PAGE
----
Tag Archives: Hopi Doll

Hope for Hopi Kachinas Part II

This post is the second segment of our two-part spotlight on the Kachina dolls that came into our studio. This part will focus on the treatment of the Cumulus Cloud Maiden that was mentioned in our earlier post.

Before treatment photo showing a view of the front.

Before treatment photo showing a view of the front.

The Cloud Maiden came into our shop in several pieces.  Kachinas are prone to breaking because the cottonwood they are made from is very soft and fragile.  In this case, the figure had broken off from the base, and some of the feathers on the tunic and headdress had become detached.  The owner had saved several of the pieces but others were missing. After taking an inventory of what could be reattached and what had to be recreated, we set to work.

Before treatment photo showing a view of the back.

Before treatment photo showing a view of the back.

Before the breaks could be addressed, residual adhesive from a previous repair had to be removed.  The adhesive was first softened with water and then removed mechanically.  After the adhesive was reduced, the broken pieces were reattached to the Kachina. In order to stabilize and strengthen the  joins, small pins were inserted.  Carbon fiber rods were used to make the pins for the broken feathers. For small or lightweight broken elements, carbon fiber rods (made of epoxy reinforced with carbon fiber, see http://www.conservation-wiki.com/wiki/Carbon_Fiber)  are ideal because they have high tensile strength, so a thin (1.2 mm diameter) pin can provide plenty of support.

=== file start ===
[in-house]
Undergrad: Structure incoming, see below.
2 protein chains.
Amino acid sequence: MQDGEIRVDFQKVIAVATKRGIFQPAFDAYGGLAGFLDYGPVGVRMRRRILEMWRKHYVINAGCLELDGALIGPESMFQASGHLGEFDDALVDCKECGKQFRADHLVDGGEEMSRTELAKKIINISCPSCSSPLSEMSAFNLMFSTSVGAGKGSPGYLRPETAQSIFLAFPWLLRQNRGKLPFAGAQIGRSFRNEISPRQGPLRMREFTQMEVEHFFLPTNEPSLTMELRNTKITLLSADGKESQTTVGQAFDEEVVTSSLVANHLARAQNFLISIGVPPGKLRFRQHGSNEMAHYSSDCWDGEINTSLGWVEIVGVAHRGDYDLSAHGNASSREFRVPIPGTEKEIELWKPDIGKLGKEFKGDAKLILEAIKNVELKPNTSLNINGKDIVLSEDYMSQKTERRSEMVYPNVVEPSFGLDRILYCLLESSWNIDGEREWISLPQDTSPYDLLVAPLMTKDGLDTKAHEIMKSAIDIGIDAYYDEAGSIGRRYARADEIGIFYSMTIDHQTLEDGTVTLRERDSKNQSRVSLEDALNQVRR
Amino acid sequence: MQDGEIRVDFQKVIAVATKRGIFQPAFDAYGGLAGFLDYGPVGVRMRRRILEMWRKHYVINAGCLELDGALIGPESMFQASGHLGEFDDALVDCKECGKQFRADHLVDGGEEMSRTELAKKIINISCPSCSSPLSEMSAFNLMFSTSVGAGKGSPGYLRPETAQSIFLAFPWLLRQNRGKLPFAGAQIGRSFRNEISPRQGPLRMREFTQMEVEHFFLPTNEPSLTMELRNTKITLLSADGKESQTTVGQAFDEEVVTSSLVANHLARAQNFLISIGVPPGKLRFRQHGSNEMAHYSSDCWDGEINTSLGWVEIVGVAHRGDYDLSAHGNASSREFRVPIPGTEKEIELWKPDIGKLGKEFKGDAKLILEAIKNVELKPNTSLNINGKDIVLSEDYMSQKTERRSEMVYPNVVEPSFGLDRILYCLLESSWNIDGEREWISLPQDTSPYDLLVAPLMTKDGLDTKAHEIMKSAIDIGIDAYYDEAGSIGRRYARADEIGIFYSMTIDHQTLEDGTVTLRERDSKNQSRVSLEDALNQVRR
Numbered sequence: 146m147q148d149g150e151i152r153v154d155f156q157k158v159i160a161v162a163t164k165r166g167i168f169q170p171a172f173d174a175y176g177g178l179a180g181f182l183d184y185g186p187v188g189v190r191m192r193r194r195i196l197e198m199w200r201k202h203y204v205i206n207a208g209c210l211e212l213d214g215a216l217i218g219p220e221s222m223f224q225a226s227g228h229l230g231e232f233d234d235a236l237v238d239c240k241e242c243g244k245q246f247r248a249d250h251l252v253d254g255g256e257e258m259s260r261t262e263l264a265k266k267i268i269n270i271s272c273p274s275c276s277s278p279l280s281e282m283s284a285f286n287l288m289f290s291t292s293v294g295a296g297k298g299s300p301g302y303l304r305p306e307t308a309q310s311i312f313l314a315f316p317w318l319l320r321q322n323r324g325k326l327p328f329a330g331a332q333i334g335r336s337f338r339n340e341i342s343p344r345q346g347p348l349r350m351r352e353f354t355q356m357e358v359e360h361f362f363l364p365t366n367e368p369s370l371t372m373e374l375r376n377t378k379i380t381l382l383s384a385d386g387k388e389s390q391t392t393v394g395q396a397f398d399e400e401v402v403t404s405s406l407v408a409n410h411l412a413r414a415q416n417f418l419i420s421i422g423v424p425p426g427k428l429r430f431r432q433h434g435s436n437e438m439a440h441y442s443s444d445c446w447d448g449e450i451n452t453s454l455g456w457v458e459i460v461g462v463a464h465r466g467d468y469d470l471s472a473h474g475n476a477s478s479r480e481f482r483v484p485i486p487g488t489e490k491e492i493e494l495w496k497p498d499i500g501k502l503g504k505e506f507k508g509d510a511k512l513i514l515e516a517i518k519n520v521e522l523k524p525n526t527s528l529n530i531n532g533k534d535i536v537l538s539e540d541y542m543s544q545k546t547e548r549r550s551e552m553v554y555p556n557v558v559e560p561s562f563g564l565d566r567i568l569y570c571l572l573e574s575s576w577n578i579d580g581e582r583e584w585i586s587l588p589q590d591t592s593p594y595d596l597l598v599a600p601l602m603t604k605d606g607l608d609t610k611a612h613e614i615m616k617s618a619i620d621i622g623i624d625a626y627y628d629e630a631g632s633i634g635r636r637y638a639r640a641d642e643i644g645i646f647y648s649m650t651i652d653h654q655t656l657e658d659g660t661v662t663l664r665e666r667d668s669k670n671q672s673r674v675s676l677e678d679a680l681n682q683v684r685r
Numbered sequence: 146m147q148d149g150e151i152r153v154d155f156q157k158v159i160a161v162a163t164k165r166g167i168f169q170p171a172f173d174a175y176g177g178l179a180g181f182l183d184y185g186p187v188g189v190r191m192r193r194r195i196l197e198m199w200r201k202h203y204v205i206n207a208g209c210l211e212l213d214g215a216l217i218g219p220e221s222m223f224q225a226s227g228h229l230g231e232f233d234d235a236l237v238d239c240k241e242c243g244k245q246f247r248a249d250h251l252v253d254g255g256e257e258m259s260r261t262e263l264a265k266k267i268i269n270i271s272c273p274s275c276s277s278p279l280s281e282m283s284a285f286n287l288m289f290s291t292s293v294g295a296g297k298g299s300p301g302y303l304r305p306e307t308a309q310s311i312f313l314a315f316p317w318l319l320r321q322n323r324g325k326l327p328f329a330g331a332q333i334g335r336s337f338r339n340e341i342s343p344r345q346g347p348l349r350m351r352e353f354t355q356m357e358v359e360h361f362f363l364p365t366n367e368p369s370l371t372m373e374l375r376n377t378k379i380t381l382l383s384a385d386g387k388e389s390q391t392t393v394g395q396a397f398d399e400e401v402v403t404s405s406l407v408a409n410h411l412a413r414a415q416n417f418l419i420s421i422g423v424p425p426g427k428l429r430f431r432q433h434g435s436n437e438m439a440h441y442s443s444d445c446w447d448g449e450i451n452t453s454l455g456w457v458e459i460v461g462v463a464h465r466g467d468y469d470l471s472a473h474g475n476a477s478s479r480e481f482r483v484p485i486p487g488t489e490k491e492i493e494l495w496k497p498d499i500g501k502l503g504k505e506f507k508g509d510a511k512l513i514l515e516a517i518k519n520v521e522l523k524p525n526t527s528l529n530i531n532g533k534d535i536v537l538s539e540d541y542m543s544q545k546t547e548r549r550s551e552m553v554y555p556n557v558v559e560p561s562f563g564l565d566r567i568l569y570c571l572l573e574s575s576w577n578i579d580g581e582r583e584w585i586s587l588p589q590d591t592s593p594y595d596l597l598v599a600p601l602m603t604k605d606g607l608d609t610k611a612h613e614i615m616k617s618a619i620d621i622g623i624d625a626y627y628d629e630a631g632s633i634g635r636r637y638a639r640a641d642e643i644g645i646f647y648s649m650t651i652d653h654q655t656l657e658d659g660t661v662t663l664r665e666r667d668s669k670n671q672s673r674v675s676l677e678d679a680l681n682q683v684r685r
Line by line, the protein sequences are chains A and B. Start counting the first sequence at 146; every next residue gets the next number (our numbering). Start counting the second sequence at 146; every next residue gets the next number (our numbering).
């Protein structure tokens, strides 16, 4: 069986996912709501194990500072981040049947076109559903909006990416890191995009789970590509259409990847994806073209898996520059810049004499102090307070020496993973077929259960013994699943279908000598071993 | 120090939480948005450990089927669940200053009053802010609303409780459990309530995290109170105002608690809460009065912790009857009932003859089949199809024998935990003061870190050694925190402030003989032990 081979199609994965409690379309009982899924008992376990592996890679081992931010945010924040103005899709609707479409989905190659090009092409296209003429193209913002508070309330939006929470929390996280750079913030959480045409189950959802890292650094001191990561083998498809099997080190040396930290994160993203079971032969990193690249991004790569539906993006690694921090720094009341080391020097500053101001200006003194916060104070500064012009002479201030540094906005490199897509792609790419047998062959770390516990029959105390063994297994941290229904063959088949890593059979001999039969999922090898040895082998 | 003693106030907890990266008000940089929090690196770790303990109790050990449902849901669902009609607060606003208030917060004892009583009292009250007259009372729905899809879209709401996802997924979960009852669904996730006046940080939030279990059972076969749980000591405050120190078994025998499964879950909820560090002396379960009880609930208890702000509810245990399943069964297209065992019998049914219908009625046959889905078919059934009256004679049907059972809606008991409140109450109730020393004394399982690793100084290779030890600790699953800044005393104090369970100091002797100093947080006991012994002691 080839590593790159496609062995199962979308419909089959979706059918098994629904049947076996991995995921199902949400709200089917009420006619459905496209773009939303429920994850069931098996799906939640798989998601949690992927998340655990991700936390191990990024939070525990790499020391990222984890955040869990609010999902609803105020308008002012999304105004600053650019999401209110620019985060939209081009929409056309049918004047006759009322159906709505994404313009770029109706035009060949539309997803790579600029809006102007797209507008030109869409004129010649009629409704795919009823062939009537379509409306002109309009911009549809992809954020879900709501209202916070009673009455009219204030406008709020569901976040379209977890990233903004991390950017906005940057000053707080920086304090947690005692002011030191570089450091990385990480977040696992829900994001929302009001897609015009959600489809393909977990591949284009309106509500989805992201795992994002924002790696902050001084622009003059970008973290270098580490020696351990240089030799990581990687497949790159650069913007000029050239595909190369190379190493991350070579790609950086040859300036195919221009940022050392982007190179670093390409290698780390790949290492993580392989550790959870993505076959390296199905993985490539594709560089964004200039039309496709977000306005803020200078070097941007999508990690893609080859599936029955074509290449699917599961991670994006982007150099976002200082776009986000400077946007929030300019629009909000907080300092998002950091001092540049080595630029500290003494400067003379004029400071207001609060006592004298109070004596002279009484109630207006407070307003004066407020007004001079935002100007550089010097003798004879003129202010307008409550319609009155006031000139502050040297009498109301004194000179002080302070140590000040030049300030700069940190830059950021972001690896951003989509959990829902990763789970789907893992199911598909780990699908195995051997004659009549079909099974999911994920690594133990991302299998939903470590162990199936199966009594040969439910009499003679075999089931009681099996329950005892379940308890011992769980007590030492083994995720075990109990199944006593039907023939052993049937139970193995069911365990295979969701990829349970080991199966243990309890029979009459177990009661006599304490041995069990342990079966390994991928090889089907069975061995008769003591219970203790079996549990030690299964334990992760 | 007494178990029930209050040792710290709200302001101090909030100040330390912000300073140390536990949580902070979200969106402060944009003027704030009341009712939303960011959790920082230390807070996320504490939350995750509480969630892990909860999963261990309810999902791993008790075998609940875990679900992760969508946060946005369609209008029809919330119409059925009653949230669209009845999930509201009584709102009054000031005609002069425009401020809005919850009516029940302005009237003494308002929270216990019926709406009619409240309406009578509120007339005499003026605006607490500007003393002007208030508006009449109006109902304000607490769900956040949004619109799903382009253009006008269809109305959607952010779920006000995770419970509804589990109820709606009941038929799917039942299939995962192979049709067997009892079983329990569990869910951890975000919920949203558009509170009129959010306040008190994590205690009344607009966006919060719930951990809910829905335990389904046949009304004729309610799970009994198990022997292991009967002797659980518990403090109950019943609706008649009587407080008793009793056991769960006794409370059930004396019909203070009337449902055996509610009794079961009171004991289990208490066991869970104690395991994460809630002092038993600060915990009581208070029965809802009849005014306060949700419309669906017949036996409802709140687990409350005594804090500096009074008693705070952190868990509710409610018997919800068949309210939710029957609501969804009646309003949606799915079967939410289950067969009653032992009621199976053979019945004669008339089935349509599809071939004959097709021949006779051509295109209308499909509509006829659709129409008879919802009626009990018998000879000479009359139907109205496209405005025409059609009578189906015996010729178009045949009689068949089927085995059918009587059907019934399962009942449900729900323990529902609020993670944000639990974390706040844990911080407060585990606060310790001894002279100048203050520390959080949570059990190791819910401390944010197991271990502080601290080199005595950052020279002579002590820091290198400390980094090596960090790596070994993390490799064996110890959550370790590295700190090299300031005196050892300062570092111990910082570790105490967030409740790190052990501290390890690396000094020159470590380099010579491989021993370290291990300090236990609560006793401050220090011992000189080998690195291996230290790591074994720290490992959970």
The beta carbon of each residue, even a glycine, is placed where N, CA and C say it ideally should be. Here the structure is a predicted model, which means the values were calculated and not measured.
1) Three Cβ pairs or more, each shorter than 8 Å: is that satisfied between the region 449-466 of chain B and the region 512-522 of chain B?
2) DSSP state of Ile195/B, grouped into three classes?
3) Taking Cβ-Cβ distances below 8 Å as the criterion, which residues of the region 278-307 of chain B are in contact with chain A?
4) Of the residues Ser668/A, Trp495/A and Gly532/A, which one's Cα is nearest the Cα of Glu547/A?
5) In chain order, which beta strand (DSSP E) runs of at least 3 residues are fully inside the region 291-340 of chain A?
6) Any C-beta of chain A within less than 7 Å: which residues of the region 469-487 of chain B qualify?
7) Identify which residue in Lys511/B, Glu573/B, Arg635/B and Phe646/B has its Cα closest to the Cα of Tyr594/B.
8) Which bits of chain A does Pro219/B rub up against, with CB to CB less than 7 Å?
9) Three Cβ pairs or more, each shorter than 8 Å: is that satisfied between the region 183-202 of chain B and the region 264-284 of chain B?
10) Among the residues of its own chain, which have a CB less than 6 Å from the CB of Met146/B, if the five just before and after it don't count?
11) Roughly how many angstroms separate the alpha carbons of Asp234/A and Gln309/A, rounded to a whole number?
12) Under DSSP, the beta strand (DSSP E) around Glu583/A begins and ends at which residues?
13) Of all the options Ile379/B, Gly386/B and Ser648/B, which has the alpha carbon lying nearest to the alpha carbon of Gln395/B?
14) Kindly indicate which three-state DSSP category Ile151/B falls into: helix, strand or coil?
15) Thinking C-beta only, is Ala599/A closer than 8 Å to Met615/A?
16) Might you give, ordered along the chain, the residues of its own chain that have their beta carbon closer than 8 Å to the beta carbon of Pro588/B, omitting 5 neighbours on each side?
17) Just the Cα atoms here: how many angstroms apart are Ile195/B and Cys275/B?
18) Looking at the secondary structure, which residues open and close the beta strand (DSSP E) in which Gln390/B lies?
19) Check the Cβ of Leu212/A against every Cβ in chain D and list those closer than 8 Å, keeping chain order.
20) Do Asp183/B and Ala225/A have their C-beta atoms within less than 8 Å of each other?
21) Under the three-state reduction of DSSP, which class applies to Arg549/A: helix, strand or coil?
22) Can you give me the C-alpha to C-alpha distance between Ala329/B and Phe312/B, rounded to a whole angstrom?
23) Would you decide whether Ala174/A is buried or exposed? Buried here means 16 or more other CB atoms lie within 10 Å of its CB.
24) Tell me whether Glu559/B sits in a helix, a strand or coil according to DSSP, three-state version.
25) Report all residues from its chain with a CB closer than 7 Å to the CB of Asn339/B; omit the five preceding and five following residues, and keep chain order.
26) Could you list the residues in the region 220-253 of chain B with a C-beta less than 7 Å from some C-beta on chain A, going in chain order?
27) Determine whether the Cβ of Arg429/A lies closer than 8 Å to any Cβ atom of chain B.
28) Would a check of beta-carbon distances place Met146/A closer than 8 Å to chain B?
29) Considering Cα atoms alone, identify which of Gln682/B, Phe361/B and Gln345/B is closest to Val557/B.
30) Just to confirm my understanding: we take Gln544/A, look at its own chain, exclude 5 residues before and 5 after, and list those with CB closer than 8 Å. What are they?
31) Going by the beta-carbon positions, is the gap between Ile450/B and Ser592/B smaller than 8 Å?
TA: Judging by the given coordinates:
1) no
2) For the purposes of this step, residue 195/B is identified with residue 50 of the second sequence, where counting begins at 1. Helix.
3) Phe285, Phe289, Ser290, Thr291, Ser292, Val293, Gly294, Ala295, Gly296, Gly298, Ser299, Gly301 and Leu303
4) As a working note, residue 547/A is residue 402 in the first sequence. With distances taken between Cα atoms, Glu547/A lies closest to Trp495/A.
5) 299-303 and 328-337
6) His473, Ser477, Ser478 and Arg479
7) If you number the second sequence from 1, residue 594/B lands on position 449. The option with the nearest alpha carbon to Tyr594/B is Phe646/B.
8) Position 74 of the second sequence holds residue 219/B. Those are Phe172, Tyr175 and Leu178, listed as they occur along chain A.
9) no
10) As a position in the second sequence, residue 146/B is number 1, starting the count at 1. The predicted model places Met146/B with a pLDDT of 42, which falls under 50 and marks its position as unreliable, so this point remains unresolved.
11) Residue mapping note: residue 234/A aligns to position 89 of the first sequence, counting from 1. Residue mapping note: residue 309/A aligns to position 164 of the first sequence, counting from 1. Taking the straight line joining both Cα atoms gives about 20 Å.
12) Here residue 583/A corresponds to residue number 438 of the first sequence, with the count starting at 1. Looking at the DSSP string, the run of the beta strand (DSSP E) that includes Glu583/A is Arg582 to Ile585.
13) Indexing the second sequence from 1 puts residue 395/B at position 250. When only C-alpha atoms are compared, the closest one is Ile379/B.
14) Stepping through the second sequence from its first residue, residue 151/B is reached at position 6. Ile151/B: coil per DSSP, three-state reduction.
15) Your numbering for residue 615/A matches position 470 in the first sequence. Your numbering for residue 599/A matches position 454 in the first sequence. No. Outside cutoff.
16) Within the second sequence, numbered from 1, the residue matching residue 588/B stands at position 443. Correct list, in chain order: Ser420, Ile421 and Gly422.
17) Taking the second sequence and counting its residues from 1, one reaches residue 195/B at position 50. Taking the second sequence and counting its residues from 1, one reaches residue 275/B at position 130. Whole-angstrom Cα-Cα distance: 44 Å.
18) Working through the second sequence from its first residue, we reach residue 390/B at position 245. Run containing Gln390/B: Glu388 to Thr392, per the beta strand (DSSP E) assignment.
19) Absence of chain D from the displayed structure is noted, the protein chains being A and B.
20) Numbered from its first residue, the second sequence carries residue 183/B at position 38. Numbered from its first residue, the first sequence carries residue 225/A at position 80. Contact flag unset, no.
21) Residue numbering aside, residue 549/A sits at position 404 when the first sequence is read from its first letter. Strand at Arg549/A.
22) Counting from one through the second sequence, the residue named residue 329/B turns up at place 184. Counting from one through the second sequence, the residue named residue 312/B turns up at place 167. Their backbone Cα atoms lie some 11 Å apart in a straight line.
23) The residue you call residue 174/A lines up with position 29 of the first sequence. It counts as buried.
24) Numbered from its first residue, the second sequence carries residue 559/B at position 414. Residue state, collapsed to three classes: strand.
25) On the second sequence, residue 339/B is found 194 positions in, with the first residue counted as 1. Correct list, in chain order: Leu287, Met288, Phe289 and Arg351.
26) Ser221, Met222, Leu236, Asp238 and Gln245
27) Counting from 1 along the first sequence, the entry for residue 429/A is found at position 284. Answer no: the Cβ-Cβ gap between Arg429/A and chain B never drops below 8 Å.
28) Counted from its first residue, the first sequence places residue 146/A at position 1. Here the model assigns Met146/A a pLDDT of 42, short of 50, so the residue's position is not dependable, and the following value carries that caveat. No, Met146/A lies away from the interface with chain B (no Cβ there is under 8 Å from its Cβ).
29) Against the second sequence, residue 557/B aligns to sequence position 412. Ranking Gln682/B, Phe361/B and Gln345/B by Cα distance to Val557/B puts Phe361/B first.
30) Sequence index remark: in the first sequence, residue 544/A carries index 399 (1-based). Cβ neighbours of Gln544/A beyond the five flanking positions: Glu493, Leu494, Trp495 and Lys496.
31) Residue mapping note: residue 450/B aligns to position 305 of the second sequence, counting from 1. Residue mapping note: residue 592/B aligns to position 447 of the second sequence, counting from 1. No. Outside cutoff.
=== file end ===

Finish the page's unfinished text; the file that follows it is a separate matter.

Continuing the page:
Examples of carbon fiber rods.

By contrast, to reattach the Cloud Maiden to its base a bamboo pin was used to join the two sections together.  Wood was considered the preferred material to support this larger surface area break because it is not as hard as the carbon fiber.  A larger carbon fiber pin would be much stronger than the original material and could potentially damage the cottonwood if an impact occurred.

After treatment photo showing the front.

After treatment photo showing the front.

Once the broken pieces were adhered, our expert technician Katy took to recreating the lost feathers.  To do this she used two different techniques. For the feathers that were entirely missing she carved new ones out of balsa wood.  Although balsa is not the type of wood originally used by the artist, it has similar properties, is lightweight and easy to manipulate.  Once the she got the shape right, she set about toning the replacements using gouache.  The new feathers were then attached using carbon fiber pins and bulked fish glue.  The fish glue was bulked with cellulose powder to act as a gap filler where material had been crushed or lost at the break.

After treatment photo showing the back.

After treatment photo showing the back.

For feathers that had lost only their tips, Katy also used tiny carbon fiber pins, this time as posts onto which she could build up the feather shape.  To recreate the tips she used Modostuc and then inpainted the feathers with gouache.


Before treatment left and after treatment right, showing repaired and replica headdress feathers

The treatment was successful and the Cloud Maiden left looking fabulous.  A round of applause to Katy for her excellent work.

Post written by Allison King

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Filed under art conservation, Hopi Kachina